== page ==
Culture

 

Radical plan for crumbling Czech monuments draws criticism

 
photo:  (radio.cz)
 

The sorry state of hundreds of Czech historical buildings and other registered landmarks has prompted a radical proposal. Deputy Czech ombudsman Stanislav Křeček has suggested that regardless of who owns a monument the authorities should pay for its renovation – and then demand that the owner foots the bill. In the most severe cases, the state should be able to confiscate the properties.

 
 

The north-eastern Czech city of Ostrava has been for years trying to save the complex of Ostravica-Textilia, a former department store built in the 1930s. The protected building has changed hands several times but none of its owners has been able to secure the tens of millions of crowns needed for the renovation.

There are roughly 40,000 registered historical landmarks in the Czech Republic. However, the very existence of some 740 of them, including the Ostravica-Textilia complex, is threatened by severe disrepair.

The case of the Ostrava department store has recently been reviewed by the office of the ombudsman. But deputy ombudsman Stanislav Křeček concluded that although the complex faces demolition, no one can be held legally responsible.

In response Mr Křeček has come up with a radical proposal to make the protection of registered monuments more effective.

“As in cases of risk to public safety, the state should be take care of the object’s renovation if the owners fail to do so themselves. The state should then demand the costs from the owners, and possibly confiscate the building. That would be an effective way of protecting our cultural heritage.”

The National Heritage Institute, which manages over 100 state-owned castles, chateaus, churches and other sites, has rejected the suggestion that they should be put in charge of confiscated properties.

For their part, the Czech Ministry of Culture said they preferred “positive incentives” for monument owners. This is the right approach, says Aleš Kozák, the head of Institute for Monuments and Culture, an NGO that provides consultations to monument owners.

“I don’t think it’s a good idea, as there is no budget for it or organization that would be in charge. Financial support provided by the state to owners of historical buildings has been continuously decreasing, and I think the priority of the state should be to increase these funds for those who really want to save the monuments.”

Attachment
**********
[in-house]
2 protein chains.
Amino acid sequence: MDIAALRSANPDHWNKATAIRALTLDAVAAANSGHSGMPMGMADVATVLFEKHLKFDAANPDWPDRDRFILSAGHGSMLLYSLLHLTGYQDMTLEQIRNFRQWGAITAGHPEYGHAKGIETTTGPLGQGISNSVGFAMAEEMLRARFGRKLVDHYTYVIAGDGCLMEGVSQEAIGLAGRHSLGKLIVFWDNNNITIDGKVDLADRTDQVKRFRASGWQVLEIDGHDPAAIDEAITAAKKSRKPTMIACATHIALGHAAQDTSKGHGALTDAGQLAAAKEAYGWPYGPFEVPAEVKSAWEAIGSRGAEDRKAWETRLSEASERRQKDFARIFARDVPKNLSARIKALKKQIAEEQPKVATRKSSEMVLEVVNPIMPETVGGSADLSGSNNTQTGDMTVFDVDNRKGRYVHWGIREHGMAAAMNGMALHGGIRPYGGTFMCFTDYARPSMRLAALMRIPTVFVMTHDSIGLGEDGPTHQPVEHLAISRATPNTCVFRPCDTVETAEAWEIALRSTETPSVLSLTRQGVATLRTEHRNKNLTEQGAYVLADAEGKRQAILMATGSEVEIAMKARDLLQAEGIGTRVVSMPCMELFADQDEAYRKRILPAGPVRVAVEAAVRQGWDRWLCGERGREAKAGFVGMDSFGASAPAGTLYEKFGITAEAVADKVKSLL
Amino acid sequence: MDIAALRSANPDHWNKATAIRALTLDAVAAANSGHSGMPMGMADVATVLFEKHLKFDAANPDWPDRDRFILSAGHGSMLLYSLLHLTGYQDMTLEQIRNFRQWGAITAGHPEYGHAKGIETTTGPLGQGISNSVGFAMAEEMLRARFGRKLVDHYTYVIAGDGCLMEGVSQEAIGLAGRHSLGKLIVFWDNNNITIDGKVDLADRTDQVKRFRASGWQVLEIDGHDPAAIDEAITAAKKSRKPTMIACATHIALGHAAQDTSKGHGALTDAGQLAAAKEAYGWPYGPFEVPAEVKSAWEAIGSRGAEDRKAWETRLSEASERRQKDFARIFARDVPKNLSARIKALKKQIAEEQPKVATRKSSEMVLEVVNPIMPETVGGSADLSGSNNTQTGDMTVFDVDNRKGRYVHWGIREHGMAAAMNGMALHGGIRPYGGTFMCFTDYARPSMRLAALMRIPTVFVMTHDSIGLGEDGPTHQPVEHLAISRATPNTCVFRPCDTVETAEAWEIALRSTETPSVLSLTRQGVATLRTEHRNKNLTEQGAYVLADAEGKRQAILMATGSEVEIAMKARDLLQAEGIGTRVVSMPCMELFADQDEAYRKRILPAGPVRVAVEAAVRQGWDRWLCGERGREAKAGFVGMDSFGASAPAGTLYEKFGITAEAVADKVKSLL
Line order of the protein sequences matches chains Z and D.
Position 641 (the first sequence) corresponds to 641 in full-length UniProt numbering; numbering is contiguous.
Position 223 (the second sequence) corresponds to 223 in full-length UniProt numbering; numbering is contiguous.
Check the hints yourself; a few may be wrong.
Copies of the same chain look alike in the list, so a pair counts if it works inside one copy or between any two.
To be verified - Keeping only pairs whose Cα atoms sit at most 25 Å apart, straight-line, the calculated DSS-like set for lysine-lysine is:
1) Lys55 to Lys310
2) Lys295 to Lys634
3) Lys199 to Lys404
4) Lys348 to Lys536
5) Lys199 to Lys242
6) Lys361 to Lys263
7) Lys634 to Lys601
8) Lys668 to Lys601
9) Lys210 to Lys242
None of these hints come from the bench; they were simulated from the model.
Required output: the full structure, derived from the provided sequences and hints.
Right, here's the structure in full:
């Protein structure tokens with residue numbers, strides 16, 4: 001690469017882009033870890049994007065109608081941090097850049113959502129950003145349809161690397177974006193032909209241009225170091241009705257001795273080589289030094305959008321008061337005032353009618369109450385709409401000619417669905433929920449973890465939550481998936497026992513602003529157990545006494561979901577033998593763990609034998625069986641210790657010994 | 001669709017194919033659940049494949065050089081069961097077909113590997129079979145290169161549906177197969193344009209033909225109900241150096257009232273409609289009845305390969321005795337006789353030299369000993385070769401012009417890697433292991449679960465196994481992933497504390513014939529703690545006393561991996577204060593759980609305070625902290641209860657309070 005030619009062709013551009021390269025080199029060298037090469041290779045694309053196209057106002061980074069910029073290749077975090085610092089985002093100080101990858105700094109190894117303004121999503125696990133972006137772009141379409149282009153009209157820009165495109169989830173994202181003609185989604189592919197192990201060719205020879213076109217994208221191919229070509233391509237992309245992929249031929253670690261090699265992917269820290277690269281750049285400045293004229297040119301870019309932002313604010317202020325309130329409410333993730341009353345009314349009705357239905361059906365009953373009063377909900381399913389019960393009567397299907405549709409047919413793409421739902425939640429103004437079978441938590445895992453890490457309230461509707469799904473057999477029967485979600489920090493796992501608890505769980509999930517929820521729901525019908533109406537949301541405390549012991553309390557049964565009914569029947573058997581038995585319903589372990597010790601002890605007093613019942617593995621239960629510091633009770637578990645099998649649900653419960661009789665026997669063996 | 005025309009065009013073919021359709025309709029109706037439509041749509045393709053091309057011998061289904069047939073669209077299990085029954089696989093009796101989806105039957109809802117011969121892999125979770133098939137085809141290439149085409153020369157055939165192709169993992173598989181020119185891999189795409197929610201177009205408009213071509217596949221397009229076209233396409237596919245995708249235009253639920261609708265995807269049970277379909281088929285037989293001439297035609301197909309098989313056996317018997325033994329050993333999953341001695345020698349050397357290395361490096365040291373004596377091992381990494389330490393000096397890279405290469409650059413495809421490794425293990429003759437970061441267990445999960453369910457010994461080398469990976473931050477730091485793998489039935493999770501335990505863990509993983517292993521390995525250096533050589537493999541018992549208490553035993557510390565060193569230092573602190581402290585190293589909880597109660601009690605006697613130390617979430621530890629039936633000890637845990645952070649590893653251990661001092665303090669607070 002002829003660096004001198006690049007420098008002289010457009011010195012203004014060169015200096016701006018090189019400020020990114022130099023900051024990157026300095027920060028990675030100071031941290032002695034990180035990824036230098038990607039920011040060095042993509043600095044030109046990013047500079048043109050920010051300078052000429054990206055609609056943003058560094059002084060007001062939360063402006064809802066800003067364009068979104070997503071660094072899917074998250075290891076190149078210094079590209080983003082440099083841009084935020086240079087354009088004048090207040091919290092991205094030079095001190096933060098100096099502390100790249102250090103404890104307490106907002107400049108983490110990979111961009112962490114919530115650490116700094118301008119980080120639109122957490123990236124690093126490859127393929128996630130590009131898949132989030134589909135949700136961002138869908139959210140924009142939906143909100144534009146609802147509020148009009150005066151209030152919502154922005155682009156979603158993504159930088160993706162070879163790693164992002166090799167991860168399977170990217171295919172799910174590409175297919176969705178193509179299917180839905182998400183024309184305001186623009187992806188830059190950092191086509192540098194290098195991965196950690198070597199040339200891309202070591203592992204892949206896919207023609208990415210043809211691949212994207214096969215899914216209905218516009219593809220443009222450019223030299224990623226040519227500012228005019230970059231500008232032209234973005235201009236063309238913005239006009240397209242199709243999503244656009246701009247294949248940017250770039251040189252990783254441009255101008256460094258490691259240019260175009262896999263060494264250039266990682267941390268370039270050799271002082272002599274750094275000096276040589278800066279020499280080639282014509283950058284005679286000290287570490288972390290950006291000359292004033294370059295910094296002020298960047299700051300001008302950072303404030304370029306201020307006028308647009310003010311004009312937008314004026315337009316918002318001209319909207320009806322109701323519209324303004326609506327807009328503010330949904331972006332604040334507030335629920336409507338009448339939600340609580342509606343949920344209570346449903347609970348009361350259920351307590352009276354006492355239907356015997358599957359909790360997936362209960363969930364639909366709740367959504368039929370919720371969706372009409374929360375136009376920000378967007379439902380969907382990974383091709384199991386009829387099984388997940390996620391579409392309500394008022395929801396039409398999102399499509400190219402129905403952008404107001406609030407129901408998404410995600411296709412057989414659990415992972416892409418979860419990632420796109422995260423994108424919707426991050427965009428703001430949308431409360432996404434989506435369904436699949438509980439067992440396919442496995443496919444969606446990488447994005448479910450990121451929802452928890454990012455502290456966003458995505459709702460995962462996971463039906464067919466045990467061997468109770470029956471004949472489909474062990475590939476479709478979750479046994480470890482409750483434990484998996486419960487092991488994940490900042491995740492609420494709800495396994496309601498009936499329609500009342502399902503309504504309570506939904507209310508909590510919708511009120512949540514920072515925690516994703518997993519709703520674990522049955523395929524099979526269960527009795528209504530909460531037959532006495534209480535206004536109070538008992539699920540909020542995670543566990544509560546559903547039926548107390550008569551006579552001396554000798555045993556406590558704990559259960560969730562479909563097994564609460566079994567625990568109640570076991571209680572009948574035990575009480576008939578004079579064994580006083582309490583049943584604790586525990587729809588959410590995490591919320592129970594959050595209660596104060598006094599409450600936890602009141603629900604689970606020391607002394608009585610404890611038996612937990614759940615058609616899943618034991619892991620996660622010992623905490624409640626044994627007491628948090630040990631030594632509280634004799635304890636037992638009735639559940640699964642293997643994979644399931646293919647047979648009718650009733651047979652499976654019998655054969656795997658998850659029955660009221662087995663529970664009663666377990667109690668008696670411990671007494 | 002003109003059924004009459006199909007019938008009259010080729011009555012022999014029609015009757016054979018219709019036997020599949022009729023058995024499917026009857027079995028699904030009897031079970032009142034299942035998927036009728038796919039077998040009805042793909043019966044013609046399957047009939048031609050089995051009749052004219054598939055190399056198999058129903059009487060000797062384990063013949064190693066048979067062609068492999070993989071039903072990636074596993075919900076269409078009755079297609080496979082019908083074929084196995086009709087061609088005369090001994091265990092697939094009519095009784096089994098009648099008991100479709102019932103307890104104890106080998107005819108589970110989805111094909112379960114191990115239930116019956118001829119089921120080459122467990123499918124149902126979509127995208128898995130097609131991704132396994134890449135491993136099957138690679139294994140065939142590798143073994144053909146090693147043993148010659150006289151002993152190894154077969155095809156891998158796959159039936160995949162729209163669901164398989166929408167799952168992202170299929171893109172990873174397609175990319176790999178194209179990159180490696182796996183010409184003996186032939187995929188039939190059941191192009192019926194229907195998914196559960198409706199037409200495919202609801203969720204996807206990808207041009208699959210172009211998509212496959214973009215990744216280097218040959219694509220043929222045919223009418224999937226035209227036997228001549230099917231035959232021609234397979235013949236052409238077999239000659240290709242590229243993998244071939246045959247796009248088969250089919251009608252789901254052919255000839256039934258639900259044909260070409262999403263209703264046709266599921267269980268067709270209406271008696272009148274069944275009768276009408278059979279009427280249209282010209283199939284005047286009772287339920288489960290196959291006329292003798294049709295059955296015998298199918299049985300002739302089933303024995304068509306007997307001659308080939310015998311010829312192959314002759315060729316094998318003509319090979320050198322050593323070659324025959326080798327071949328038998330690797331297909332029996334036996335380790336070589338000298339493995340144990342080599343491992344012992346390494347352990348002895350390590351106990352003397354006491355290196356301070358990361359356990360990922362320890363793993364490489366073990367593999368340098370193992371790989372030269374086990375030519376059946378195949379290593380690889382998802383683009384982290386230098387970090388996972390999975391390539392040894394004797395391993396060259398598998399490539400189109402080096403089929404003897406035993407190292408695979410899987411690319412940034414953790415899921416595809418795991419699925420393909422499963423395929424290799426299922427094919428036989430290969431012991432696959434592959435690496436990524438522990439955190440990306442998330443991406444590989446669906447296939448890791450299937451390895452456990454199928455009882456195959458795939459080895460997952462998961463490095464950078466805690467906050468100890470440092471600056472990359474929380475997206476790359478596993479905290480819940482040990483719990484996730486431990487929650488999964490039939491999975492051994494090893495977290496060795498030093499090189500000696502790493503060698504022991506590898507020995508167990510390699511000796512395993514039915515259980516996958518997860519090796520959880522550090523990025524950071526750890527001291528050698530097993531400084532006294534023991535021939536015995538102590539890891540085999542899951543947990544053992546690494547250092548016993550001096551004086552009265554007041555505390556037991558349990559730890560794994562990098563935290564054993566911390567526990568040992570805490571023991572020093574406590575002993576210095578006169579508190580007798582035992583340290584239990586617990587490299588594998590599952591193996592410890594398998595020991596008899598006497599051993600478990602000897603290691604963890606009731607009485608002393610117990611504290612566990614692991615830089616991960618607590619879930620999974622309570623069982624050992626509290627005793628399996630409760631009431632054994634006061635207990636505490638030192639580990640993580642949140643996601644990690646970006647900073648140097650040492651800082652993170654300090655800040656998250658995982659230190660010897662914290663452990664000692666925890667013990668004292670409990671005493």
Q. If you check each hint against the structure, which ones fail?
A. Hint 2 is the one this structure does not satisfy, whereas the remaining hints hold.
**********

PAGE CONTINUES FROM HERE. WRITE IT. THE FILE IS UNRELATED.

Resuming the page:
Deputy ombudsman Stanislav Křeček however hopes that his proposals will be taken into account when new legislation on the protection of national heritage is being finalized.

 
Author: Český rozhlas Radio Praha
 
Added: 22.08.2014
 
 
 

Related articles

 
Culture
 
 

Flašinet žije! Or why barrel organs...

Barrel organ players and street artists from the Czech Republic and beyond gathered in Prague earlier...

 
 
Culture
 
 

Prague Castle opens special...

This Friday marks the 600 year anniversary since the death of King Wenceslas IV, who was simultaneously...

 
 
Culture
 
 

‘Eternal Hope’ festival celebrates...

A unique festival dedicated to Gustav Mahler and later Jewish composers interned by Nazi Germany in a...

 
 
Culture
 
 

Skywalk over the Vltava to open...

The annual Letní Letná festival returns to Prague next week with some of the world’s best contemporary...

 
Most favourite

History of Czech fine art

What happened in the realm of fine art at the very beginning of the Czech…

Climate

The Czech Republic is a landlocked country located in moderate geographical…

The most significant current discoveries

During the last decade, Czech science has made many revolutionary discoveries…

Czech language

The Czech language belongs to the group of West Slavic languages. From another…

Traditional Czech products

Czech industrial production has a long tradition, and many products are known…

Traditional Czech products

Czech industrial production has a long tradition, and many products are known…